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J Dent Res. 2014 Nov;93(11):1045-53. doi: 10.1177/0022034514552491. Epub 2014 Sep 26.

Global burden of severe periodontitis in 1990-2010: a systematic review and meta-regression.

Author information

1
Institute for Health Metrics and Evaluation, University of Washington, Seattle, WA, USA Department of Anesthesiology and Pain Medicine, Seattle Children's Hospital, Seattle, WA, USA.
2
Division of Population and Patient Health, King's College London Dental Institute, London, UK.
3
Institute of Dentistry, Barts and The London School of Medicine and Dentistry, Queen Mary University of London, London, UK.
4
Institute for Health Metrics and Evaluation, University of Washington, Seattle, WA, USA.
5
Institute of Dentistry, Barts and The London School of Medicine and Dentistry, Queen Mary University of London, London, UK w.marcenes@qmul.ac.uk.

Abstract

We aimed to consolidate all epidemiologic data about severe periodontitis (SP) and, subsequently, to generate internally consistent prevalence and incidence estimates for all countries, 20 age groups, and both sexes for 1990 and 2010. The systematic search of the literature yielded 6,394 unique citations. After screening titles and abstracts, we excluded 5,881 citations as clearly not relevant to this systematic review, leaving 513 for full-text review. A further 441 publications were excluded following the validity assessment. A total of 72 studies, including 291,170 individuals aged 15 yr or older in 37 countries, were included in the metaregression based on modeling resources of the Global Burden of Disease 2010 Study. SP was the sixth-most prevalent condition in the world. Between 1990 and 2010, the global age-standardized prevalence of SP was static at 11.2% (95% uncertainty interval: 10.4%-11.9% in 1990 and 10.5%-12.0% in 2010). The age-standardized incidence of SP in 2010 was 701 cases per 100,000 person-years (95% uncertainty interval: 599-823), a nonsignificant increase from the 1990 incidence of SP. Prevalence increased gradually with age, showing a steep increase between the third and fourth decades of life that was driven by a peak in incidence at around 38 yr of age. There were considerable variations in prevalence and incidence between regions and countries. Policy makers need to be aware of a predictable increasing burden of SP due to the growing world population associated with an increasing life expectancy and a significant decrease in the prevalence of total tooth loss throughout the world from 1990 to 2010.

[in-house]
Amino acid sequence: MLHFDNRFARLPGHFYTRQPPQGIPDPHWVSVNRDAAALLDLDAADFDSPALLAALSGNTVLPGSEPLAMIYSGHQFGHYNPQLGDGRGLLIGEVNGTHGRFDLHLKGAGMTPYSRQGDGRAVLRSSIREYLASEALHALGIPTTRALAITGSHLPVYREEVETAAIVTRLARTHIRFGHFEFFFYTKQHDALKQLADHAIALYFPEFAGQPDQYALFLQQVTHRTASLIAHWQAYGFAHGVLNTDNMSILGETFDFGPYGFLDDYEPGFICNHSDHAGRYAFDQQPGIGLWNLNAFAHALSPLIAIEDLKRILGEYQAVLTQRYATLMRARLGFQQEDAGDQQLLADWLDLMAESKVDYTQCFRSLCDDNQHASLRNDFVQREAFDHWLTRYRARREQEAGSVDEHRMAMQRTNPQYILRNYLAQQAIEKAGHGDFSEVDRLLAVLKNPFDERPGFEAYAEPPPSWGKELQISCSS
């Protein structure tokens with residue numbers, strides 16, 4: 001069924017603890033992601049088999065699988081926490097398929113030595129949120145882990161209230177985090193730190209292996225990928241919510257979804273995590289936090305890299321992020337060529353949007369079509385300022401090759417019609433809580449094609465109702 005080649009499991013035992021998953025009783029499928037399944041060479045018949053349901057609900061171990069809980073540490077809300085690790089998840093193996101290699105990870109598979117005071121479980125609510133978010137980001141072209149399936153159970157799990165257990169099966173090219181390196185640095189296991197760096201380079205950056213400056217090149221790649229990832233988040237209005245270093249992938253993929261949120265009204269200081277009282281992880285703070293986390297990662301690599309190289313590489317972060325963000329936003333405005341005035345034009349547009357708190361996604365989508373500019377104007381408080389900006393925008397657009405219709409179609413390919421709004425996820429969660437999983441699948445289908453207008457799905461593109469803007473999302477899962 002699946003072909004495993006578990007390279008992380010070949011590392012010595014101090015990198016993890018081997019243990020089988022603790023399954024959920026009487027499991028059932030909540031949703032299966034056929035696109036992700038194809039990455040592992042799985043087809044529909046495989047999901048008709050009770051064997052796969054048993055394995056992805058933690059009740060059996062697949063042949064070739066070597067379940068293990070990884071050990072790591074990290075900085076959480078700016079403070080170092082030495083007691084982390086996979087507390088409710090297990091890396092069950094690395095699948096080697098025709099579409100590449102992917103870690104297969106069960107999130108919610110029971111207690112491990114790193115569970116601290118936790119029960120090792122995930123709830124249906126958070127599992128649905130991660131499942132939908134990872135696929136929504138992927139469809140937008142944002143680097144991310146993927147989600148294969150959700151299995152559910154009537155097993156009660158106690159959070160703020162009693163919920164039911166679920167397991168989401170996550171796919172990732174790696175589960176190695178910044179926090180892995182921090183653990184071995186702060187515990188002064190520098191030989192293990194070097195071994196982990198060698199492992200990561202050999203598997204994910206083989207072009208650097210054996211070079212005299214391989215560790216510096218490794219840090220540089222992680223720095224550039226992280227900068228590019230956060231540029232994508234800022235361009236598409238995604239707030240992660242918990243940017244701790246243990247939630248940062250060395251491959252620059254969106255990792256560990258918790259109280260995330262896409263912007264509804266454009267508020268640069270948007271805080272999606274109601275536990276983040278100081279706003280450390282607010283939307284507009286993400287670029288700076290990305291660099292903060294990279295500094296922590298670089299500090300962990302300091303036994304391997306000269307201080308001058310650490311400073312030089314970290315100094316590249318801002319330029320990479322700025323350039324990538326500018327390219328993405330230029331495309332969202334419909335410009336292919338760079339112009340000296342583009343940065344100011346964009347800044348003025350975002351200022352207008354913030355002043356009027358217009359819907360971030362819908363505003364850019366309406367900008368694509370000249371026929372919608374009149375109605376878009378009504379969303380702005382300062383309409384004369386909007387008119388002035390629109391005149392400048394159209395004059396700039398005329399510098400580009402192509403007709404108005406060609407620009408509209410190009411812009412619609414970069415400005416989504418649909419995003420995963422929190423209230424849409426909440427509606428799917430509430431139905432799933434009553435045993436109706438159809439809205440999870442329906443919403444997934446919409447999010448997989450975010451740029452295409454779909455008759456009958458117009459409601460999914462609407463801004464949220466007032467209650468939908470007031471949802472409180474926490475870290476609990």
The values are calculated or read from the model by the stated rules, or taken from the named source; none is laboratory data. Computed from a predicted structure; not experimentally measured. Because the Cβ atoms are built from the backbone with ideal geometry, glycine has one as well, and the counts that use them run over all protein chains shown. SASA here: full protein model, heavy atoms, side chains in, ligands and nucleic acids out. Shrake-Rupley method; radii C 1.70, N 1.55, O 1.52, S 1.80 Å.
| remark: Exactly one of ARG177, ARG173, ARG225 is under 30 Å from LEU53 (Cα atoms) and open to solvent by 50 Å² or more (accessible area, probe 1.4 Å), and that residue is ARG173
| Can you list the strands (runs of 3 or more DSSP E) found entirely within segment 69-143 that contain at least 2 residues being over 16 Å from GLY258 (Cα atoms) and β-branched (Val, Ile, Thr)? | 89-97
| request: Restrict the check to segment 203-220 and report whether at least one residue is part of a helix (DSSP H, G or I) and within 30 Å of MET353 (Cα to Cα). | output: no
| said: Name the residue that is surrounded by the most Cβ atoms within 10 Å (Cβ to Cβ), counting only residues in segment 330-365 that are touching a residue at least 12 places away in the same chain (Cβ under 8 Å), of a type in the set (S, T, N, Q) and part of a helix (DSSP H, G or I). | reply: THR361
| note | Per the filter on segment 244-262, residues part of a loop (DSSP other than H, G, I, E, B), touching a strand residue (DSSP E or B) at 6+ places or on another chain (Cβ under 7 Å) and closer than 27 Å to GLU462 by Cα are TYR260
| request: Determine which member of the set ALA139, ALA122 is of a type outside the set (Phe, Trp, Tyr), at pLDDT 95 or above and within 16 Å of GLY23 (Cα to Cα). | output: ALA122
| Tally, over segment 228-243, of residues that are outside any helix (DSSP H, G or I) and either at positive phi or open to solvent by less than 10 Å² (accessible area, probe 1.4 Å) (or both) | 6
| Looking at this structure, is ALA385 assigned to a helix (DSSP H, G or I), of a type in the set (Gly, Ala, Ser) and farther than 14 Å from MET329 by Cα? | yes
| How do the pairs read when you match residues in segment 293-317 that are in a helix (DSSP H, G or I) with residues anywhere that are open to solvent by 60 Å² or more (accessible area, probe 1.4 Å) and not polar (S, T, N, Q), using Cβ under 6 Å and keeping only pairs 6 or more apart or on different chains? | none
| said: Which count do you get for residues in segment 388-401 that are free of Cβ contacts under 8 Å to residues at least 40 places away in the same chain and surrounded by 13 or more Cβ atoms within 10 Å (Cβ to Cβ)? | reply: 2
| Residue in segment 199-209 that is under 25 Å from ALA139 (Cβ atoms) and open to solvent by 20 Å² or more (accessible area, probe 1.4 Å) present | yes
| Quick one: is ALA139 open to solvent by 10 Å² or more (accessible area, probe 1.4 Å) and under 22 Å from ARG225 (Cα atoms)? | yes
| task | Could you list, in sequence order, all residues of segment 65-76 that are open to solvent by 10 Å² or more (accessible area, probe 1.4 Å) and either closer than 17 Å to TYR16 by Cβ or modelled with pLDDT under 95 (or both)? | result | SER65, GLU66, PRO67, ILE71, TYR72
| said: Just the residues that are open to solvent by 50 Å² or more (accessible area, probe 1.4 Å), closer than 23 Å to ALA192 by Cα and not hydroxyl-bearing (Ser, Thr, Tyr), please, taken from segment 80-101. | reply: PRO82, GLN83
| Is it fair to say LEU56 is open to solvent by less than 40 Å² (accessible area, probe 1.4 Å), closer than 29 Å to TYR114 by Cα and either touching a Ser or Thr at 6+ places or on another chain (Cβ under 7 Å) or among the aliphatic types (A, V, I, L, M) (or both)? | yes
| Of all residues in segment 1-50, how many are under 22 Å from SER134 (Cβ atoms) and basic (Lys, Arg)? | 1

KEYWORDS:

incidence; oral health; periodontal diseases; prevalence; statistics; world health

PMID:
25261053
PMCID:
PMC4293771
DOI:
10.1177/0022034514552491
[Indexed for MEDLINE]
Free PMC Article

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